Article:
Borah on Hutková, 'The English East India Company's Silk Enterprise in Bengal, 1750-1850'

Karolina Hutková
Monish Borah

Karolina Hutková. The English East India Company's Silk Enterprise in Bengal, 1750-1850. Rochester: Boydell Press, 2019. xii + 257 pp. $120.00 (cloth), ISBN 978-1-78327-394-2

Reviewed by Monish Borah (University of California- Irvine) Published on H-Asia (September, 2020) Commissioned by Sumit Guha (The University of Texas at Austin)

Printable Version:

Discontinuities in the Indian Silk Industry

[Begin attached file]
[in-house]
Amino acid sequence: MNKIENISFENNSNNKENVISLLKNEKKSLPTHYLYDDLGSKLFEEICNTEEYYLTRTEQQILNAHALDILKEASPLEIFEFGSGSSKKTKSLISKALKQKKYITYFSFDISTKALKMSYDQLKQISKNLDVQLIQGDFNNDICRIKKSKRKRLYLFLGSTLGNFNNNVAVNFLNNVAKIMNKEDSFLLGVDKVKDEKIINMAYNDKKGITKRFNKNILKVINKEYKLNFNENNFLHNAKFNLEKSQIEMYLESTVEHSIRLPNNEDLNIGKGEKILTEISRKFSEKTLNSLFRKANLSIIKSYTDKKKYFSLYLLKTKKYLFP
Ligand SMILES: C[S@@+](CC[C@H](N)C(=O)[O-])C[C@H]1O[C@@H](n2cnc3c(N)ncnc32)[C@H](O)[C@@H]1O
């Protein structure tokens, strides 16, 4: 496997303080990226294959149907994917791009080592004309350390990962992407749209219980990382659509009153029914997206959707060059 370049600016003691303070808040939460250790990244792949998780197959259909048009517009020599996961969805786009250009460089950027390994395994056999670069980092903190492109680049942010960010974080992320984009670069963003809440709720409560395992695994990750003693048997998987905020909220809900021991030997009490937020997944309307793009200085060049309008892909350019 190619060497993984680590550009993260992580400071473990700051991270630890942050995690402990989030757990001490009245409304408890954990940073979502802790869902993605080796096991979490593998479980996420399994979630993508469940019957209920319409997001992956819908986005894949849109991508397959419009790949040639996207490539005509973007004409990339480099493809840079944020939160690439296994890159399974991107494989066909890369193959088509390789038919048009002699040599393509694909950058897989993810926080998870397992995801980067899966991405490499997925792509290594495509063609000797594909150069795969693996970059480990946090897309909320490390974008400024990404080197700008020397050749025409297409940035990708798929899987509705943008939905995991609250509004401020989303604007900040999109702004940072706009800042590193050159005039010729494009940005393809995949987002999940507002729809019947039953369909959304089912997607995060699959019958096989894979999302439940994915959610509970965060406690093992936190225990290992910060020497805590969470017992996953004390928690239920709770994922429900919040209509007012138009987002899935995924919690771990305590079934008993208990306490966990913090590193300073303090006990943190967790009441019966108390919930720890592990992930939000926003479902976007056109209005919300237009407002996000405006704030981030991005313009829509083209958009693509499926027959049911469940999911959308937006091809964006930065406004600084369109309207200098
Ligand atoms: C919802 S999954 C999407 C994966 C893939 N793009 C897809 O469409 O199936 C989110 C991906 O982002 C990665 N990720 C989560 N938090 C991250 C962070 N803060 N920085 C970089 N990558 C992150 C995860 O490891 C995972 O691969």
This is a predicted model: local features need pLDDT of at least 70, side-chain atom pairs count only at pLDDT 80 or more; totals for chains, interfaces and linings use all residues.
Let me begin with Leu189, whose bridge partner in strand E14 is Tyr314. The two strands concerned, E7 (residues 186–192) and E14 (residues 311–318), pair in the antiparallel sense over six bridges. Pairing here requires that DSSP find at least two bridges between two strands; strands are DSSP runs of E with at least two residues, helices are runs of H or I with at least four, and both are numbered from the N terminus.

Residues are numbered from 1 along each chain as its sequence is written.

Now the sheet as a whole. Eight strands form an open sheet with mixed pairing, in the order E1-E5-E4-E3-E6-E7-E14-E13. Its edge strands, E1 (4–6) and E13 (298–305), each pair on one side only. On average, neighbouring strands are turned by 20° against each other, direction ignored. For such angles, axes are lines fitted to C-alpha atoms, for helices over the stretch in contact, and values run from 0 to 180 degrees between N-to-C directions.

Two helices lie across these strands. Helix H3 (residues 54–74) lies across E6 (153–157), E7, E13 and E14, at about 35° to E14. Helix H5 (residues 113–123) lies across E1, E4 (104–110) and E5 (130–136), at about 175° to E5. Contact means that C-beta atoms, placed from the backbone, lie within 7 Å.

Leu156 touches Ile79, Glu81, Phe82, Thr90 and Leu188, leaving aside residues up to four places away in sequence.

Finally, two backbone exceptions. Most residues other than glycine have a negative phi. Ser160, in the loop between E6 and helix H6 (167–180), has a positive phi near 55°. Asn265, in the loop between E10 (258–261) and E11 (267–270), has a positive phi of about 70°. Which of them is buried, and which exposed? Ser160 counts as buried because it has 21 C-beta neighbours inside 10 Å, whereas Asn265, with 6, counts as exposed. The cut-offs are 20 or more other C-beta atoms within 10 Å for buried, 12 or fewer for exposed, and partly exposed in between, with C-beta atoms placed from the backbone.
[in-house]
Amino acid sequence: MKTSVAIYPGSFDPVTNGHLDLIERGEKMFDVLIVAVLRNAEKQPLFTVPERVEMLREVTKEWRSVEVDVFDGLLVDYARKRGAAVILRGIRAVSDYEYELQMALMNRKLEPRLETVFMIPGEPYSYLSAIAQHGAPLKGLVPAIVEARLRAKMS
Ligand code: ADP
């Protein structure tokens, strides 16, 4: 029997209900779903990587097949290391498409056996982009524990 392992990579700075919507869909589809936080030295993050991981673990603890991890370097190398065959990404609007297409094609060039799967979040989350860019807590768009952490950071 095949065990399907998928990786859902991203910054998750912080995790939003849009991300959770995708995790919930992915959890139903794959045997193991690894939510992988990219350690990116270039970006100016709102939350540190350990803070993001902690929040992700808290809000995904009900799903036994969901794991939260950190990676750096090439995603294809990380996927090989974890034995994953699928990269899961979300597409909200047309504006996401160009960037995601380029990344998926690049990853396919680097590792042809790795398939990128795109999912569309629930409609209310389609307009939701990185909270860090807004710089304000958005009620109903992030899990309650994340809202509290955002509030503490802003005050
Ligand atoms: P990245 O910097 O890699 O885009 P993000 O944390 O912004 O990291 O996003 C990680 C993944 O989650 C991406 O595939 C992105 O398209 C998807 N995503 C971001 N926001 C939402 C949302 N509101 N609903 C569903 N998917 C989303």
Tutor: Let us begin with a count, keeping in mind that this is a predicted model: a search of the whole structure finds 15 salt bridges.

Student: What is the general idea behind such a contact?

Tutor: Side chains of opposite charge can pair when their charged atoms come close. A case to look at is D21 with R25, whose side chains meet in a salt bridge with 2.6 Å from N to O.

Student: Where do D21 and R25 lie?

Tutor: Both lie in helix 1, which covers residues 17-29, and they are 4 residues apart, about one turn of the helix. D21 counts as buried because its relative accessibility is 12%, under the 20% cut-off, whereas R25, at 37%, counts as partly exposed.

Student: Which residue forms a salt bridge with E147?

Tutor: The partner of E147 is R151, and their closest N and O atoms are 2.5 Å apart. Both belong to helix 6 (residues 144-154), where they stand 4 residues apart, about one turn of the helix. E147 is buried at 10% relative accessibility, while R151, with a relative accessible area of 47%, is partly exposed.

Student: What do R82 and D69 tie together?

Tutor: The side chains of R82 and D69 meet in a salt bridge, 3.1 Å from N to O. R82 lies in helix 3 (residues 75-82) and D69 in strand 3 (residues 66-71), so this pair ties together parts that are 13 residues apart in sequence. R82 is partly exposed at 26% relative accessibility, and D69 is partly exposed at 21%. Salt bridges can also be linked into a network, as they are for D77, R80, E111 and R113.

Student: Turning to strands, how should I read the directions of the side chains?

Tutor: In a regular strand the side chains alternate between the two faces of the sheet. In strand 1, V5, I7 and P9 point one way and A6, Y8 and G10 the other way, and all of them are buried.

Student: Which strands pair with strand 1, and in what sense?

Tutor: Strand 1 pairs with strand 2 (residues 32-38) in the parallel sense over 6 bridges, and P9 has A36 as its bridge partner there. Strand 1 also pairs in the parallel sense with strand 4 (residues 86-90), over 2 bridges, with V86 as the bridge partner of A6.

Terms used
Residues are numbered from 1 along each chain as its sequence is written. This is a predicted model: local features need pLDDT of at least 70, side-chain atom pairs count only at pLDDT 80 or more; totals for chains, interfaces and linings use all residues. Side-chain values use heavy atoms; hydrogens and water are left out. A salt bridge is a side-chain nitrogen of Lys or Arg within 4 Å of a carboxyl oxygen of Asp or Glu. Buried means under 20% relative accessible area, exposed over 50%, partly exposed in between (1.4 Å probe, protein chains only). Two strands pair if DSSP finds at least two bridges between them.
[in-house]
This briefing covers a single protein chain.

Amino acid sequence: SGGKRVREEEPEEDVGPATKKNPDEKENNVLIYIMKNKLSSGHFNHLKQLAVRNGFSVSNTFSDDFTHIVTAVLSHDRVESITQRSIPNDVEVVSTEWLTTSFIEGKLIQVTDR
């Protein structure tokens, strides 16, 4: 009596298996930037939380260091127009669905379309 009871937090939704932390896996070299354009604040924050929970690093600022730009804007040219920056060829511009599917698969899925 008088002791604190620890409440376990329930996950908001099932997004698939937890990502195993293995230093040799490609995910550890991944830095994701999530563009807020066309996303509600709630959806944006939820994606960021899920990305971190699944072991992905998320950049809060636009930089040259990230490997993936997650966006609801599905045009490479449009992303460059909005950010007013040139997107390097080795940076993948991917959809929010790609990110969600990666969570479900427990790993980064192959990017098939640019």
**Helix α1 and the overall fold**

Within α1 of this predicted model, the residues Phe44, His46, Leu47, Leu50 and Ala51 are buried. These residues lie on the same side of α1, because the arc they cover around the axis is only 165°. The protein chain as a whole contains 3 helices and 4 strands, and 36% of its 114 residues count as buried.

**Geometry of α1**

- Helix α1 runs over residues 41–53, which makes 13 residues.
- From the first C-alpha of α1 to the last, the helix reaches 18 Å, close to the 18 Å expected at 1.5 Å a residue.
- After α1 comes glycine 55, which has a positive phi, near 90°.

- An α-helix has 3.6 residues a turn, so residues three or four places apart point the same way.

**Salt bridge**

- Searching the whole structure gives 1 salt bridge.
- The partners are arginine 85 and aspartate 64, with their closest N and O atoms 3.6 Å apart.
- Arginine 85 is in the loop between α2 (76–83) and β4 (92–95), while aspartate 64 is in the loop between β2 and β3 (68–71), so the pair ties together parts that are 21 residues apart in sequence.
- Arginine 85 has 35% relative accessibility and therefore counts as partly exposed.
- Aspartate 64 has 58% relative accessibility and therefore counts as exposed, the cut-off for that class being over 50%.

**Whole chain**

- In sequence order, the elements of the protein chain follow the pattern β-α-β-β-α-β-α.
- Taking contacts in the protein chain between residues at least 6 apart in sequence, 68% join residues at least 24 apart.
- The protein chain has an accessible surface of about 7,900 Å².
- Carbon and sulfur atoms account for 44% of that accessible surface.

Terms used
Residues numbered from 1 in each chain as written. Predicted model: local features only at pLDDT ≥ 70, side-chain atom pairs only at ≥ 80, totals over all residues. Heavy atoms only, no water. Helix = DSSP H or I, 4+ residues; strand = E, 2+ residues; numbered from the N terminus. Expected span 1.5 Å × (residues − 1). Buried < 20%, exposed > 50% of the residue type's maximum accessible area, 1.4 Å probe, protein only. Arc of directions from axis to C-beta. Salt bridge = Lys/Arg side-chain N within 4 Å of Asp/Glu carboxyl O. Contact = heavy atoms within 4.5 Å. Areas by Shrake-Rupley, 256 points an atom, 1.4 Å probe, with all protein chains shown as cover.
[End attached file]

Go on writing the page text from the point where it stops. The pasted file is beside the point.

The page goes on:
Karolina Hutkova’s book, The English India Company’s Silk Enterprise in Bengal, has two objectives. The first is to show that mercantilist policies helped to make the East India Company’s silk enterprise in Bengal a success. The second is to argue that the eventual decline of the silk industry in Bengal during the nineteenth century was due to the abandonment of mercantilism in favor of laissez-faire policies in Britain. Hutkova’s engagement with political economy in this book allows her to demonstrate how contemporary ideas in Britain influenced, developed, and eventually led to the decline of the silk industry in its colony in Bengal. Meanwhile, by employing methodologies of business history the author is able to utilize business models to try and understand the silk enterprise of the East India Company in Bengal during the eighteenth and the nineteenth centuries. This permits the author to place the silk enterprise in Bengal within the structural confines of a business and systematically analyze it by introducing different variables like political, economic, and social factors. The author deserves praise for navigating an array of complicated issues like the global silk supply chain, intellectual debates on political economy, and interregional technological transfers, to present a clear picture of the silk industry during the early modern period.